After years of traveling the country eating barbecue, Bill Kraus, left, and Steve Newton opened Mission BBQ in 2011. The duo expects to have a total of 15 locations this year. (Jeffrey MacMillan/For The Washington Post)

Steve Newton can’t remember which came first: The mission or the barbecue.

But he says both are important.

On Sept. 11, 2011, after years of eating their way through the country’s brisket and ribs, Newton and Bill Kraus opened Mission BBQ in Glen Burnie.

The idea, they say, was to serve good ol’ American barbecue while giving back to the community. A portion of the company’s profits go to the Wounded Warrior Project, which helps injured veterans and their families.

“I know we’re selling pulled pork, but we want it to be more than that,” said Kraus, who comes from a long line of veterans. “For a guy like myself who never served, here was my chance to humbly thank folks for their service.”

In the three years since its opening, Mission BBQ has grown to five locations, including restaurants in Baltimore; York, Pa.; and California, Md., near Naval Air Station Patuxent River.

The company plans to triple in size this year with the opening of 10 restaurants in Annapolis, Columbia and Richmond, as well as North Carolina and Delaware.

Very simplistically, we don’t think there’s anything more American than barbecue,” Kraus said. “And there’s a scarcity of barbecue up here. Not a lot of it is great.”

Kraus, one of the first employees at Under Armour, and Newton, a former Outback Steakhouse executive, have long been friends. For years, they ran into each other at the airport, where they traded notes on where they’d been and what they’d eaten.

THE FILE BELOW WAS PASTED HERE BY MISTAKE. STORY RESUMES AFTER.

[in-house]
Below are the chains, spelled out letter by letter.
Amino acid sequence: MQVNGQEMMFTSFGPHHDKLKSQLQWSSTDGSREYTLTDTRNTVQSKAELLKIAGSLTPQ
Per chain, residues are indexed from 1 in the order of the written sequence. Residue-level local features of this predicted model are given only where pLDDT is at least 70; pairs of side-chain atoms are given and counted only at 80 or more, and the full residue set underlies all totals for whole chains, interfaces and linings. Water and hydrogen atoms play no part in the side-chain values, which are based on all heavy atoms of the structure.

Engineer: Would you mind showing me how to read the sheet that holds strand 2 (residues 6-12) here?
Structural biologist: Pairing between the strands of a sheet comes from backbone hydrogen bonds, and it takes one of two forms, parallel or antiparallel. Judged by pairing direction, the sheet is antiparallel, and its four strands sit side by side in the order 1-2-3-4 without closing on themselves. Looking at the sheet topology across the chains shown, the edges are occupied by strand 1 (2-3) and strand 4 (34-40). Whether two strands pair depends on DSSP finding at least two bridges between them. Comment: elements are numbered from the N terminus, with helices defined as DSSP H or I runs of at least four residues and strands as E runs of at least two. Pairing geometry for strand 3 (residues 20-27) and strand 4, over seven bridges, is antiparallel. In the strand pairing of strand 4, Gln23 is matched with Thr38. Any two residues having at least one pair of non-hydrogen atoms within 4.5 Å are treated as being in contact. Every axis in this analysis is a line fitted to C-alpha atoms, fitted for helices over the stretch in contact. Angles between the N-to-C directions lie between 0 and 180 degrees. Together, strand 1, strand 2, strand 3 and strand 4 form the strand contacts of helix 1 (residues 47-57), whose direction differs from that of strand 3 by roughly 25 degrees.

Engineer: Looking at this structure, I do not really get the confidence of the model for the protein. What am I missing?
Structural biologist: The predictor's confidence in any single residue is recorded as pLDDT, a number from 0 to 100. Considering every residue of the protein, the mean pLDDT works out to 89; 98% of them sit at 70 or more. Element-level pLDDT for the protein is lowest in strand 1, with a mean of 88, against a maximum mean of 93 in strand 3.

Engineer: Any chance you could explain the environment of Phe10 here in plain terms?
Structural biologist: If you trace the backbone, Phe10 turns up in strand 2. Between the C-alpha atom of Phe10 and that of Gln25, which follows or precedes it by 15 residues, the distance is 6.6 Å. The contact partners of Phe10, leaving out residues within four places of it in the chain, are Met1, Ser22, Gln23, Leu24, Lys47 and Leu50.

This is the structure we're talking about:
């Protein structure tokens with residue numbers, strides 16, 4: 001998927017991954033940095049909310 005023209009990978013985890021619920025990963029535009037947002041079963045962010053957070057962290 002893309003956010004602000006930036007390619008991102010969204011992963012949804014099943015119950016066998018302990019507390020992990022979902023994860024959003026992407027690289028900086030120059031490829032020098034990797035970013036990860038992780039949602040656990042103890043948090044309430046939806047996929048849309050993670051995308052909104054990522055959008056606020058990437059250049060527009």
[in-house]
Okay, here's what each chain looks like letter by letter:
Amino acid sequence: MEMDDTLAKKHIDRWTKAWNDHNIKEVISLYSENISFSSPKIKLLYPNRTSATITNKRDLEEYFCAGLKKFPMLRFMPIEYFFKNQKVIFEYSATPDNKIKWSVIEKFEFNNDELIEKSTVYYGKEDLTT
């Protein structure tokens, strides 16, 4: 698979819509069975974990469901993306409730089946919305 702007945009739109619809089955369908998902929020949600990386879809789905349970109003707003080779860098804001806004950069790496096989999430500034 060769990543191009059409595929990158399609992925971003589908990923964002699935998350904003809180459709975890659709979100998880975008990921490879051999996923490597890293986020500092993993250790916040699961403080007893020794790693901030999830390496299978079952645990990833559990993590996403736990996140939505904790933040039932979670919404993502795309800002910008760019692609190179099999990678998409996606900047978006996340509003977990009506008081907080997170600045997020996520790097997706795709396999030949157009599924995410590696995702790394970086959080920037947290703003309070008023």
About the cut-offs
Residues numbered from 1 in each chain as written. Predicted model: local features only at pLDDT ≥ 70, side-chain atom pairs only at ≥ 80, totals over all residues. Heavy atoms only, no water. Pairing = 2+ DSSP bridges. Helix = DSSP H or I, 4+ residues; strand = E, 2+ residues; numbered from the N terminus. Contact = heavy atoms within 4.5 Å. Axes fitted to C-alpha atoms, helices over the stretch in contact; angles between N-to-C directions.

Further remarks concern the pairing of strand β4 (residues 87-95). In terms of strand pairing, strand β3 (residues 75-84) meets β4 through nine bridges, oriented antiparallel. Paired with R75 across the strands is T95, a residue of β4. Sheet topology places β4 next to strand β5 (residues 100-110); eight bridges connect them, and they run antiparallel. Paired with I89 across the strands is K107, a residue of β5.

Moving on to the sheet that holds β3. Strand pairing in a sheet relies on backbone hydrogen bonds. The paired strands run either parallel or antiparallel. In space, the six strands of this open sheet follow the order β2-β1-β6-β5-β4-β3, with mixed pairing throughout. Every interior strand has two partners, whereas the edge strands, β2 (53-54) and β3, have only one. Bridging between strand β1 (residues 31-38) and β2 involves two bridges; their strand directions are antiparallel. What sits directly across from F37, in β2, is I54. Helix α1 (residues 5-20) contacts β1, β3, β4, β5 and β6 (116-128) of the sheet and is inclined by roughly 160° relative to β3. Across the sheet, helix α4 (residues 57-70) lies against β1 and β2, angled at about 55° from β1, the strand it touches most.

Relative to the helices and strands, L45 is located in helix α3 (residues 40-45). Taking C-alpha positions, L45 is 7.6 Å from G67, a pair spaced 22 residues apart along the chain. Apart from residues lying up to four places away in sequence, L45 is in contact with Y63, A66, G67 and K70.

“The more I traveled down South, the more spoiled I got,” said Kraus, who grew up in Milwaukee.

In 2009, Kraus quit his job to concentrate on barbecue full-time. Newton followed suit a couple of years later, and the pair — both 50, both Ellicott City residents — got busy perfecting their recipes.

“We’d get together at 9 a.m. on a Saturday and have nine pots of beans,” Newton said. “The next Saturday it’d be nine pots of slaw or mac and cheese.”

The duo financed their first restaurant — located, incidentally, next to an Outback Steakhouse — using their personal savings and a loan from M&T Bank.

Each location costs between $1 million and $1.2 million to get off the ground, Newton said. He would not disclose revenue figures, but said year-over-year growth had been in the “solid double digits” every year since the company was founded.

“The barbecue business reminds me a lot of how the steak business used to be,” said Newton, who spent two decades at Outback Steakhouse. “There are a lot of mom-and-pops, a lot of classic regional restaurants.”

At Mission BBQ, the menu offers a mix of “Texas-inspired” brisket, St. Louis-style spare ribs and North Carolina pulled pork. Customers can choose from eight homemade sauces, including Texas Twang and Carolina Vinegar.

Every day at noon, the national anthem is played through the loudspeaker at each of the company’s restaurants.

“Whether the line is to the door or not, we shut down our kitchen,” Kraus said. “Everything comes to a halt.”

By the end of 2018, Mission BBQ hopes to have grown eight-fold to 40 restaurants.

The company also has a growing catering business. (Under Armour, Kraus said, is one of the company’s largest clients.)

“We are very bullish,” Kraus said. “That confidence comes not only from our experience but from the success we’ve already had.”